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The North American Marine Environment Protection Association (NAMEPA) has released three Public Service Announcements (PSAs) as part of its educational campaign – “Keep Your Butts OFF the Beach and Keep Your Butts in Your Car”. The PSAs include 30 and 60 second video ads in addition to a flyer highlighting ways to reduce the impact of cigarette butts, the number one marine debris item globally. Created in collaboration with NAMEPA’s UNCW (University of North Carolina Wilmington) student chapter and TVWorldwide, the PSAs encourage individuals to reduce their environmental impact and make sustainable choices by properly disposing of cigarette butts and raising awareness about the risks of improper disposal. The flyer and three versions of the PSAs are available for download for free: Keep Your Butts OFF the Beach (60 sec), Keep Your Butts OFF the Beach (30 sec), and Keep Your Butts IN Your Car (30 sec).
“For the past 10 years, NAMEPA has partnered with Ocean Conservancy on their International Coastal Cleanup held in September,” stated Carleen Lyden Walker, NAMEPA Co-Founder and Executive Director. “The number one debris item is the cigarette butt. Whether left on the sand or thrown out a vehicle’s window to wash down storm drains into our waterways, they pose a risk to marine life and water quality. We hope with this campaign that people who smoke will take responsibility for their butts and dispose of them properly!”
Plastics and their impact on the environment has become the “issue of the decade” according to a recent Wall Street Journal article, and cigarette filters are the world’s most littered plastic item with trillions of cigarette butts thrown into the environment every year. The National Geographic also recently reported on the issue, stating that filters can take years to degrade and, even as they do, they break down into tiny pieces of plastic, called microplastics, which are an increasing hazard in waterways and oceans. According to Tom Novotny, an epidemiologist at San Diego State University and one of the first people to research environmental impacts of cigarettes tested in the lab, “One cigarette butt in a liter [of water], kills half the fish.”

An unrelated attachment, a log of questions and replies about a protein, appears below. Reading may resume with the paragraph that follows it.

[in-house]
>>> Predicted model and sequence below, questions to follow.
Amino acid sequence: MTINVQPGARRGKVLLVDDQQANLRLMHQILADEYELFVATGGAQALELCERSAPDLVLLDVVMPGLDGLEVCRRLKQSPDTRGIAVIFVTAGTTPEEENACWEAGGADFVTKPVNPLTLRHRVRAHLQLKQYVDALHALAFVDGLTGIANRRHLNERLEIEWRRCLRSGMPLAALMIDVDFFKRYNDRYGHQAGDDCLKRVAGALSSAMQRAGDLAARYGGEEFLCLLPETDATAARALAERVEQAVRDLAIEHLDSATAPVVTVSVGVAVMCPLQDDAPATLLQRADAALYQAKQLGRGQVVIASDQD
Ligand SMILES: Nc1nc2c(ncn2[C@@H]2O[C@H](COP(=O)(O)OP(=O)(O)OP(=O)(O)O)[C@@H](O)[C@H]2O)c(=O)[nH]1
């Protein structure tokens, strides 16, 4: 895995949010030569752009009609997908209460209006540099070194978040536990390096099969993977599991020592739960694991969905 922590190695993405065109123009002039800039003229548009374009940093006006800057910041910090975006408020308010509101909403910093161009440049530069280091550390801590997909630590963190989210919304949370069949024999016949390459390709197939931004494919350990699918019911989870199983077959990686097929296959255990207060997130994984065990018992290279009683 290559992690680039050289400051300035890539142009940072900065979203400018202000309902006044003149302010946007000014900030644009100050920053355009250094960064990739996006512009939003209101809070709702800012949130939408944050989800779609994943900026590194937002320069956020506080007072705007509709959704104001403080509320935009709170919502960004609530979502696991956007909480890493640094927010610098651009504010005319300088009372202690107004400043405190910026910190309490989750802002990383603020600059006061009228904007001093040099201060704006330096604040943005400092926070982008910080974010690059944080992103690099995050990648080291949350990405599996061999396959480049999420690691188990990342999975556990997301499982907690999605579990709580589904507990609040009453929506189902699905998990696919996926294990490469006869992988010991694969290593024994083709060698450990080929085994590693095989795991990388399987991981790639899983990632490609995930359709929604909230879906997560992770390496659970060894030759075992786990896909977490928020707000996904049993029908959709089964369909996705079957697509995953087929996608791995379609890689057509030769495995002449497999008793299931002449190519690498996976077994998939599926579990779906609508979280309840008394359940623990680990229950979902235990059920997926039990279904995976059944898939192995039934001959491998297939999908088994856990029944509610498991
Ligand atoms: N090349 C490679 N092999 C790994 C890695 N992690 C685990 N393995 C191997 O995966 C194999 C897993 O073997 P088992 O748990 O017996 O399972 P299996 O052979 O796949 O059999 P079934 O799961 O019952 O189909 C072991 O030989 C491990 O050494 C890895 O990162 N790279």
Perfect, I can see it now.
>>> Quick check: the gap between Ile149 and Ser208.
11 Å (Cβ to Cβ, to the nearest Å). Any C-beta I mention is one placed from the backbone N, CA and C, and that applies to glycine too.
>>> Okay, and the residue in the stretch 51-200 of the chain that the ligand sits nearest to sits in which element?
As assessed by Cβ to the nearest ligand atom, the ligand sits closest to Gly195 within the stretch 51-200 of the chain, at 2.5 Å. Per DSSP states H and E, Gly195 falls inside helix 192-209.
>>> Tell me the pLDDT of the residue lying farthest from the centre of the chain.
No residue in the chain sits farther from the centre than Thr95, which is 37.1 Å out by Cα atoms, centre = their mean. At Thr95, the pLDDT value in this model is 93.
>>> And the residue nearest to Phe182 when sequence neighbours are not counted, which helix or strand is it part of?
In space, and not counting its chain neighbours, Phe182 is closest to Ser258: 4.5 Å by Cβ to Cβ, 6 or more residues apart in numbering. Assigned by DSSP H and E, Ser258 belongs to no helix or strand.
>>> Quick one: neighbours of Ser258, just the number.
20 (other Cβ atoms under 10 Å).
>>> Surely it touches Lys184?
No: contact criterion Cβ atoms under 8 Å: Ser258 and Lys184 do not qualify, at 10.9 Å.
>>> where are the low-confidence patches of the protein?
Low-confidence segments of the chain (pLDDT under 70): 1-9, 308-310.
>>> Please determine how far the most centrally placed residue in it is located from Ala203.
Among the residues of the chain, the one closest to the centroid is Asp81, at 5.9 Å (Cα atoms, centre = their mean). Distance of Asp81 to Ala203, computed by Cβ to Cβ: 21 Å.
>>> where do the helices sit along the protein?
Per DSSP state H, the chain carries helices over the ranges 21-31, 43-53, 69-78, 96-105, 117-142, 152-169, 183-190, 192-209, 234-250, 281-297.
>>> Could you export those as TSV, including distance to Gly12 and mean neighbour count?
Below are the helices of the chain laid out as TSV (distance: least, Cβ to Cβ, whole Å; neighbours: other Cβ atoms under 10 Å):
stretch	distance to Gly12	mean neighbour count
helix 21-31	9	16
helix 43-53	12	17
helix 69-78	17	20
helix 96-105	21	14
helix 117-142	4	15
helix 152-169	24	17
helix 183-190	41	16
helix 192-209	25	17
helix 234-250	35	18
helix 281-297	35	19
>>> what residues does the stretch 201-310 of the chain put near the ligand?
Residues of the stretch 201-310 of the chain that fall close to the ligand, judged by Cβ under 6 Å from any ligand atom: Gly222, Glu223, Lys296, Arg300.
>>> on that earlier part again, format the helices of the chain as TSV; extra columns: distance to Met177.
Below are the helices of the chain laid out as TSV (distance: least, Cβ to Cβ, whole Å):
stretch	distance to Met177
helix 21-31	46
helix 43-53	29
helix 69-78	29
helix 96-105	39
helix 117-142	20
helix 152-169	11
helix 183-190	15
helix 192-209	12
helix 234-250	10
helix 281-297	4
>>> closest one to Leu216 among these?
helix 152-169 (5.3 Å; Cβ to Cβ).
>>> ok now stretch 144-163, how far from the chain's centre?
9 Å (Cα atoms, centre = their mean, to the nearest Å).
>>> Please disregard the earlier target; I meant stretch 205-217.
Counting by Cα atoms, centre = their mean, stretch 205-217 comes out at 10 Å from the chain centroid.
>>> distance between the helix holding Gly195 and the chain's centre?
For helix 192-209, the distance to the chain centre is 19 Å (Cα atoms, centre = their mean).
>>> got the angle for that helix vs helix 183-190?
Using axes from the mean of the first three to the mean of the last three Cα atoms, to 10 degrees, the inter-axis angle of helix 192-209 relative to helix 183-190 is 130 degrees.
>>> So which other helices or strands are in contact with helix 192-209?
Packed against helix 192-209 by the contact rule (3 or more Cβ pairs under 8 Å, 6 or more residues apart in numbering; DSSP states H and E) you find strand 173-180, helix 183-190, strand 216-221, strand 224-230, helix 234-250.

Another area of risk and harm are cigarette butts thrown out of car or truck windows. Not only do they get washed down drains leading to rivers and seas, but if thrown into dry brush they could cause a fire.
While NAMEPA values proper disposal of all waste items, they are putting a special emphasis on cigarette butts during the summer and warmer months to influence behavior and reduce the impact of littering. Through its newest campaign, people are asked to “Keep Your Butts OFF the Beach” and “Keep Your Butts IN Your Car” and make sure to throw cigarette filters into an ashtray rather than in the sand or out the window.
Lisa Piastuch, NAMEPA’s Education and Outreach Manager, said, “NAMEPA’s campaign to raise awareness of the immense problem of cigarette butts is of extreme importance for the health of our marine environment. Approximately 4.5 trillion cigarette butts are littered annually by people mistakenly believing cigarette butts are biodegradable. In fact, most butts are composed of a type of plastic called cellulose acetate that breaks down into smaller pieces. These tiny pieces of plastic or microplastics have been found throughout the world’s ocean contributing to the declining health of the ocean. Marine life are becoming sick from ingesting these toxic materials they mistake for food that eventually makes its way into our bodies when we consume seafood. Changing one habit – keeping your (cigarette) butts off the beach and in your car – can change the world.”
The Wall Street Journal reported that the European Union in May adopted new rules under which members must pass laws within two years requiring tobacco companies to fund the cleanup of filter litter as part of a broader crackdown on single-use plastics. In the United States, a bill proposing banning filters has made its way through the California Senate and will be heard by the lower house next year.
To download the PSAs, flyer, or other educational resources developed by NAMEPA, please visit NAMEPA's education page.